Heather Mahler takes us on a fanciful journey through the campus of Snow College in Utah. Energetic, imaginative, and fun; “Wake Up” will be the highlight of your Saturday afternoon. Music by Snyder Mahler.
As uncomfortable as it is original, Unglewd will challenge your concept of music. Samples of chatter and screeching, accompanied by erratic drums, blend with a slew of distressful images to make this week’s short a bad trip you must experience.
WHAT MAKES IT WEIRD: Filmed by special effects maven Yoshihiro Nishimura in 2007 as an extra for the Meatball Machine DVD, Reject of Death was made without a net, and without a sense of accountability to anyone who might censor it for content, or for sense. Done in the style of a music video, it displays all the narrative rigor one expects from the form—which actually serves this material well. Add politically incorrect stereotypes to the fast-moving mix of absurdist gore, heavy metal music, and killer boobs, and you have one weird little extra.
COMMENTS: I can only imagine that the correct way to see Reject of Death is to view it before seeing Meatball Machine; not knowing the “rules” of the MM universe likely to boost the already pretty “WTF?” level into the stratosphere. The scene is set by a schoolgirl causally hacking at her arm with a razor, only to find a glowing button encased beneath her flesh. She presses the button, and heavy metal power chords assault our ears. Cut to a scene of a wigged prostitute whose trick turning is interrupted by the whir of tentacles and spray of blood that indicates infection by alien parasites. Intercut those scenes with three ethnic stereotypes—a Native America, and African, and an Asian—wandering bemused around the streets of a Japanese city. Bring all three groups together on a rooftop for a bloody battle royale which sprinkles in kung fu posturing, hermaphrodism, and a nipple that shoots barbed chains into eyeballs, and you have yourself an out-of-control featurette that will score with fans of pop-surrealism and exploitation-extremism alike. Rejects of Death utilizes the thin mythology set up in Meatball Machine, and very well may be an attempt to explain one character’s back story, but it stands apart stylistically from the feature that inspired it. Unabashedly (and gloriously) offensive, the short isn’t special enough by itself to justify a DVD purchase, but packaged together with the feature film, it may be enough to inspire fence-sitters to take a chance on a rental.
WHAT THE CRITICS SAY:
If there’s one thing we like more than a talented, unconventional film director, it’s one who also writes extraordinary music. John R. Hand is one of these talented artists. His band, User Assumes Risk, mixes their disturbing electronic music with horrifying, gruesome images for a live performance that would make Marilyn Manson envious. CORRECTION: Although Hand is also a composer, the music in this video was actually written by Lemmie Crew.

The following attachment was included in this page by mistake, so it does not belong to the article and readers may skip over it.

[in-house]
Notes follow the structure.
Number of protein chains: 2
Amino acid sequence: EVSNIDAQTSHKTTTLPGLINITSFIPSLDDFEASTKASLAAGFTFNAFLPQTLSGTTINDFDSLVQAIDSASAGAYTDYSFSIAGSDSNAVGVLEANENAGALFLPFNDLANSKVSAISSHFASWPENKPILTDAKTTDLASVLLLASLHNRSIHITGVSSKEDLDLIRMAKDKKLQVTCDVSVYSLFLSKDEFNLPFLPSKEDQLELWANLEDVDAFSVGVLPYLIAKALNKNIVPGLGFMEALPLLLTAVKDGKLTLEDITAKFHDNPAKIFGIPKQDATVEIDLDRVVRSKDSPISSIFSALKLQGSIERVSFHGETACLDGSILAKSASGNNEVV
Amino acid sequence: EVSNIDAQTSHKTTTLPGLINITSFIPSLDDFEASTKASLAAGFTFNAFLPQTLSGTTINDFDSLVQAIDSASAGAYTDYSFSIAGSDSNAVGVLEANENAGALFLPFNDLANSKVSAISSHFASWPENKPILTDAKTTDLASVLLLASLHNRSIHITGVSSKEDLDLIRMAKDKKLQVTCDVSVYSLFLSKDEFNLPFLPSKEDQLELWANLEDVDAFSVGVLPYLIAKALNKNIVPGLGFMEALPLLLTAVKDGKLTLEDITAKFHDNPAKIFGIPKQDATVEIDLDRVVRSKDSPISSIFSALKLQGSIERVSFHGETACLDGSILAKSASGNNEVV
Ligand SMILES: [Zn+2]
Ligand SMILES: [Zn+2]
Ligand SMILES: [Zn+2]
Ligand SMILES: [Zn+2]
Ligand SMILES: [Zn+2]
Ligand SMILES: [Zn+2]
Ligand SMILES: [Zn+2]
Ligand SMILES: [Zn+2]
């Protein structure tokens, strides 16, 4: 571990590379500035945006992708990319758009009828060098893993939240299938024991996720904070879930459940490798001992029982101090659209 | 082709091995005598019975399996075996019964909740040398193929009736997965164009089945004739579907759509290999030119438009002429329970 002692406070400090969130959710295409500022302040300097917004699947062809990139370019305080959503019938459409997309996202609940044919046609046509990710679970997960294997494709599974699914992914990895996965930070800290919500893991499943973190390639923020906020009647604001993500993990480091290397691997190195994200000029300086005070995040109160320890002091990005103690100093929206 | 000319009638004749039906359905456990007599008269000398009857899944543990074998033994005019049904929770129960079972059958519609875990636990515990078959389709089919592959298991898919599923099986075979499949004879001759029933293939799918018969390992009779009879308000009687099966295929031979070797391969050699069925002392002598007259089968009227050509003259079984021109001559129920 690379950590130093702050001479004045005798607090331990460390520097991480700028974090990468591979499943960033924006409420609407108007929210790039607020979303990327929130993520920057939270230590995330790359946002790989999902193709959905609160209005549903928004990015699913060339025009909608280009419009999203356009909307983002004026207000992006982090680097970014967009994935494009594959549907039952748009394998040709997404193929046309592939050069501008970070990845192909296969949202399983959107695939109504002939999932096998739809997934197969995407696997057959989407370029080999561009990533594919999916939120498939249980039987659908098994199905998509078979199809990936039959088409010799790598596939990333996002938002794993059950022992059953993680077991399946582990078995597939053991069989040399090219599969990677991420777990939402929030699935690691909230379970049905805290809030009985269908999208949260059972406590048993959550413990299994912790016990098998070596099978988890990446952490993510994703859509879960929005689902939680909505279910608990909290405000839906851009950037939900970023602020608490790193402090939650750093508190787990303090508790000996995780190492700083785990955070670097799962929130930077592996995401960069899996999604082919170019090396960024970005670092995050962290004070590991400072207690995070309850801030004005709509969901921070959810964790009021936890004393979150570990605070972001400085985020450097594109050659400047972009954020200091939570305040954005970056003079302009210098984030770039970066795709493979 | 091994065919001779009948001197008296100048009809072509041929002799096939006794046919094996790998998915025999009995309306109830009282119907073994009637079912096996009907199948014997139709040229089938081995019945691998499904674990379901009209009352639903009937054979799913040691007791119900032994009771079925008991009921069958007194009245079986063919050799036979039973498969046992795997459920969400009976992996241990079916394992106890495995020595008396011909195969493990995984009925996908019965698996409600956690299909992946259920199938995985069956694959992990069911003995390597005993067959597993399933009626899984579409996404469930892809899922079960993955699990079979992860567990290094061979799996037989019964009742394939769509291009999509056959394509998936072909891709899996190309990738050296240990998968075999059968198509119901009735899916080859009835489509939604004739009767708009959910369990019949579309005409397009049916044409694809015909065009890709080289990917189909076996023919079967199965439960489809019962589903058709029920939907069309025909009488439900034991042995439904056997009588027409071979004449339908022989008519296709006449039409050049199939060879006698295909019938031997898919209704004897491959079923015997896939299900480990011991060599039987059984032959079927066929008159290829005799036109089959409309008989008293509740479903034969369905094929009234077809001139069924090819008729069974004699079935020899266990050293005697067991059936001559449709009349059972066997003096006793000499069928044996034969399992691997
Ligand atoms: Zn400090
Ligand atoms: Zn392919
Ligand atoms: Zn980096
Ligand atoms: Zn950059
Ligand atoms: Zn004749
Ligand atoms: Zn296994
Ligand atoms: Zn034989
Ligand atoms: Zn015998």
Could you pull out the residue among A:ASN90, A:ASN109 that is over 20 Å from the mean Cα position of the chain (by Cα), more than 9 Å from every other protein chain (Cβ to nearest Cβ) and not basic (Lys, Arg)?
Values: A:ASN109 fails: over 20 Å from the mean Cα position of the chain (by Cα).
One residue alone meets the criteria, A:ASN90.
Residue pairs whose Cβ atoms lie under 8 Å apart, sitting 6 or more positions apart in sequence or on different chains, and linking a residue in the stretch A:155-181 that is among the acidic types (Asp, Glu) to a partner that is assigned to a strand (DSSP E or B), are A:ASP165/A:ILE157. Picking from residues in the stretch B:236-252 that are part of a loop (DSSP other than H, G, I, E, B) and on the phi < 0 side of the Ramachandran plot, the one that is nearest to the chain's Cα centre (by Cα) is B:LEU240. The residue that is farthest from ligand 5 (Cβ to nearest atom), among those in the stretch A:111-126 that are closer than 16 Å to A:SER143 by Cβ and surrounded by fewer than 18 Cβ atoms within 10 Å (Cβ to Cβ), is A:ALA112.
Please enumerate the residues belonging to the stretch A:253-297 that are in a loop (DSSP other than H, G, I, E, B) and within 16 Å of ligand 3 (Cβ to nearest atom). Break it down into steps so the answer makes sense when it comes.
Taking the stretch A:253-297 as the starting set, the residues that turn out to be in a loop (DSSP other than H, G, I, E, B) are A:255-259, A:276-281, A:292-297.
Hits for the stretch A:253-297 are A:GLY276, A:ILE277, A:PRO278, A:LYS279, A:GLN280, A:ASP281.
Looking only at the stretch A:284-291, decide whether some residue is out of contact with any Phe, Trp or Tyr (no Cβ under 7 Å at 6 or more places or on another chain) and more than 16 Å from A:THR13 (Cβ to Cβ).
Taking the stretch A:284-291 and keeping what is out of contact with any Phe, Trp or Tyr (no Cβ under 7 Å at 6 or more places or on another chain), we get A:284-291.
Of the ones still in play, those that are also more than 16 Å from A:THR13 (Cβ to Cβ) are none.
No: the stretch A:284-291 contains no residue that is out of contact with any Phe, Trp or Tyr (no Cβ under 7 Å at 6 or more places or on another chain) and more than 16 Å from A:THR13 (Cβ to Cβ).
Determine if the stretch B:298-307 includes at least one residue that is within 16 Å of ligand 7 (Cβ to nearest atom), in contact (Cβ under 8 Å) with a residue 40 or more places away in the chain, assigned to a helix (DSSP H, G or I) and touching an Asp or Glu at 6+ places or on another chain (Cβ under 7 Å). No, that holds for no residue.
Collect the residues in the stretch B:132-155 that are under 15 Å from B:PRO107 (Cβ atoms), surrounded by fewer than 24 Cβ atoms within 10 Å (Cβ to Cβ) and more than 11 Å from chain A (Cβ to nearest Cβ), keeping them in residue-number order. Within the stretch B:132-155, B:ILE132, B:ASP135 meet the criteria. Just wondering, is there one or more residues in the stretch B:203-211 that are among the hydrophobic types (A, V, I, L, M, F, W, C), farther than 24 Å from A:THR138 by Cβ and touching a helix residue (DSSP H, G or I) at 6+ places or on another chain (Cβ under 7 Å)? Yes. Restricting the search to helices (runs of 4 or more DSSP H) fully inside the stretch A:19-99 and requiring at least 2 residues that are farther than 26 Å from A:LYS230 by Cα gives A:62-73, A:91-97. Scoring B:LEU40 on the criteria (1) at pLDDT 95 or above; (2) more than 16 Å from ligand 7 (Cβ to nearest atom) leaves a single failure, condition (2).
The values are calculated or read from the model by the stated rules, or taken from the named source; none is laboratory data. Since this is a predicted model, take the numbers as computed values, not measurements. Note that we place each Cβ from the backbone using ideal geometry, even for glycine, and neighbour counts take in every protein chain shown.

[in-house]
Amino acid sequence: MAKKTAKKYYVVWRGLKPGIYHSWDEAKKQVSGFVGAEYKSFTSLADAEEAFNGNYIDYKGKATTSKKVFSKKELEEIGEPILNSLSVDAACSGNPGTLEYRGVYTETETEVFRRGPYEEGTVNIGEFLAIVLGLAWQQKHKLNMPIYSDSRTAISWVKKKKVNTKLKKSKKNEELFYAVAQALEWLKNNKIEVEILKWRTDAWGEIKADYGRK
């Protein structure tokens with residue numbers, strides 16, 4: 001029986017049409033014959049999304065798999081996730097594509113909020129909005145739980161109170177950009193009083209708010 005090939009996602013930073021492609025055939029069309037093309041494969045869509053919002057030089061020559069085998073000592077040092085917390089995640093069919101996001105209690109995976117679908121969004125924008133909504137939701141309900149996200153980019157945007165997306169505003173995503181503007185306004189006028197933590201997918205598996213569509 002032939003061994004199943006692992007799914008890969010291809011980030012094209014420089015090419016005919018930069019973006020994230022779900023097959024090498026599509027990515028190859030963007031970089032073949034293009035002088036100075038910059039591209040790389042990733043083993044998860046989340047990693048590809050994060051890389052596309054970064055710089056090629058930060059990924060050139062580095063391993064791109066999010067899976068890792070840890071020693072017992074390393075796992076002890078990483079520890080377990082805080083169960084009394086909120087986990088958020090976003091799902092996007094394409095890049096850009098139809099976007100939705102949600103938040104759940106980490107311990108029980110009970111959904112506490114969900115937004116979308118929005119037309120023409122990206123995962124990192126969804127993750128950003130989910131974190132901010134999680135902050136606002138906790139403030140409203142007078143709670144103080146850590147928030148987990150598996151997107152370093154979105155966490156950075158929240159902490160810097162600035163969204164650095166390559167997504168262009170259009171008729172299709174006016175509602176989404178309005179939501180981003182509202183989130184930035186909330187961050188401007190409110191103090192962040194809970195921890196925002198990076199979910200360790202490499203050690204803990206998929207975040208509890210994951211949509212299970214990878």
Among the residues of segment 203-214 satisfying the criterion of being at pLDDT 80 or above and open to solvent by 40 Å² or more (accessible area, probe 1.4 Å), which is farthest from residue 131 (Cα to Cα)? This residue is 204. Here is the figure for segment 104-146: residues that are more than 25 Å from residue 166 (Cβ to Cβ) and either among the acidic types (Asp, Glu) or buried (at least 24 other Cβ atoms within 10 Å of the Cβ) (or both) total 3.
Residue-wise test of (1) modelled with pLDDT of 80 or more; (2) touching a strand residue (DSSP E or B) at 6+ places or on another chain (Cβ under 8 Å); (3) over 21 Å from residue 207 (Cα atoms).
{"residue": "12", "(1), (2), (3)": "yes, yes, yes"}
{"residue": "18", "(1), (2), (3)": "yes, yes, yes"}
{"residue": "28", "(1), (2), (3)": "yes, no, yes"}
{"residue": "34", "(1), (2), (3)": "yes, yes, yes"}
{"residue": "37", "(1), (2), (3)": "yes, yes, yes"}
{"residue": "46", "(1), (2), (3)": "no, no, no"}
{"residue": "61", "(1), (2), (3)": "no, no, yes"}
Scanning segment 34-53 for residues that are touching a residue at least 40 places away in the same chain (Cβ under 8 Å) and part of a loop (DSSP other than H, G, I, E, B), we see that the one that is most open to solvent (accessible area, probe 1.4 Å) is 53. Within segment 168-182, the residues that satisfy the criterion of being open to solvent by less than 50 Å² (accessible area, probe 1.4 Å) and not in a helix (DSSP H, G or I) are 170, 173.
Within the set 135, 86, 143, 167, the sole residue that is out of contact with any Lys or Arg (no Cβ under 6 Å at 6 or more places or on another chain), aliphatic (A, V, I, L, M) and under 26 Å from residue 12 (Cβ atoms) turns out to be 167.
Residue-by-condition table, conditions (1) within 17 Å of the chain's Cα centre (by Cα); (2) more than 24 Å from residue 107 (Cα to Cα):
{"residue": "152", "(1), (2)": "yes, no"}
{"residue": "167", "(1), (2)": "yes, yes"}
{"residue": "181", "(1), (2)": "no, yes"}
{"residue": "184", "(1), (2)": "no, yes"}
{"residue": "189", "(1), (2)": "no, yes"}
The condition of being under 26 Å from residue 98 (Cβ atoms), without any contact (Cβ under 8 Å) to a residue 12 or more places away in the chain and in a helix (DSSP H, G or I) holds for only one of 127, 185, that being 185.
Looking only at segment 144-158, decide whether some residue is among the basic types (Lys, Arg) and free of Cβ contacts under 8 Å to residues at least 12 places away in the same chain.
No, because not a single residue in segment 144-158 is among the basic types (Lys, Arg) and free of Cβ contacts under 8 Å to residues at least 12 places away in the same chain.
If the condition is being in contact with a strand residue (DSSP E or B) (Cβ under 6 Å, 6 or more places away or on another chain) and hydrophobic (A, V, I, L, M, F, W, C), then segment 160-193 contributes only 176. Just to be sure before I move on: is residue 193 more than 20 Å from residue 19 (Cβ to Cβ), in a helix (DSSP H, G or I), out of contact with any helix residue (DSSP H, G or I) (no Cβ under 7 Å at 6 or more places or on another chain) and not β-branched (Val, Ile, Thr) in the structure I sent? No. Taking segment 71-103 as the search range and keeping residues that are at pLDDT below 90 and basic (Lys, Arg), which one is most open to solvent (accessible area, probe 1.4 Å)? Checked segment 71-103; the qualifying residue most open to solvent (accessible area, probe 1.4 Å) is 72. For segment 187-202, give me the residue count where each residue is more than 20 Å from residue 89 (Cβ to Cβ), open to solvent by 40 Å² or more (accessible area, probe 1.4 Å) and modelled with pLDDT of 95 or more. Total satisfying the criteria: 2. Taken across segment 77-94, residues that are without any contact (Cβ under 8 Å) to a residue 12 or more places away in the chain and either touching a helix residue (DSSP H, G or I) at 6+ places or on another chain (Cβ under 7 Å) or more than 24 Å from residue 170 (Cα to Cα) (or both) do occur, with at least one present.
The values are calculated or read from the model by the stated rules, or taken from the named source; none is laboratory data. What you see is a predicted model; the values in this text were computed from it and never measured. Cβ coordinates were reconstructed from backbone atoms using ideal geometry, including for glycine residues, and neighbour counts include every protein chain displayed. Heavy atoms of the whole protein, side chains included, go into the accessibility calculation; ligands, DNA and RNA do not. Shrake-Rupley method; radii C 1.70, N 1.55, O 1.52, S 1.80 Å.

The music video is the one form where directors can be weird and experimental without fear of being shunned by the world at large. Made for the band N.A.S.A.’s album “The Spirit of Apollo,” where the concept was to pair unlikely musicians, “Spacious Thoughts” mixes the smooth rap of Kool Keith with the grumblings of ever-weird Tom Waits. Director Fluorescent Hill animates Keith as a black sphere wearing cowboy boots who breathes out Tom as an angry cloud.
OOIOO is an all-female avant-garde music group from Japan. Their style is very hard to describe, because it varies so much. Many of their songs have a soothing, majestic feel to them, while this song is strongly tribal based. One thing is for certain, they can move a crowd. Their strong rhythm section compels their listeners to dance.
Directed by Shoji Goto, this psychedelic video focuses on the concept of communication with nature. If drum circles in the forest are your thing, you should most definitely watch this video. If they’re not… well, it doesn’t hurt to give it a try.
Today’s Saturday Short is a music video made by Chad Vangaalen. Chad is a musician and artist from Canada who rarely leaves his basement, where he is constantly working. Besides his passion for music and the visual arts, Chad also has a passion for skateboarding.
In the video you’ll see that Chad’s music style is a combination of indie, folk, pop, and experimental. He has created a few stop motion videos to advertise his latest album, “Soft Airplane,” but in his other videos he uses computer animation.
Originally, I wanted to use the music video to “Molten Light.” I find the animation as well as the music to be much better, but this video is a little too graphic for our site. There are sequences of strong comic violence and nudity throughout. If that content doesn’t bother you click here.
If you enjoy the music be sure to look up Chad’s alias, “Black Mold,” as well. He just released an album under the name.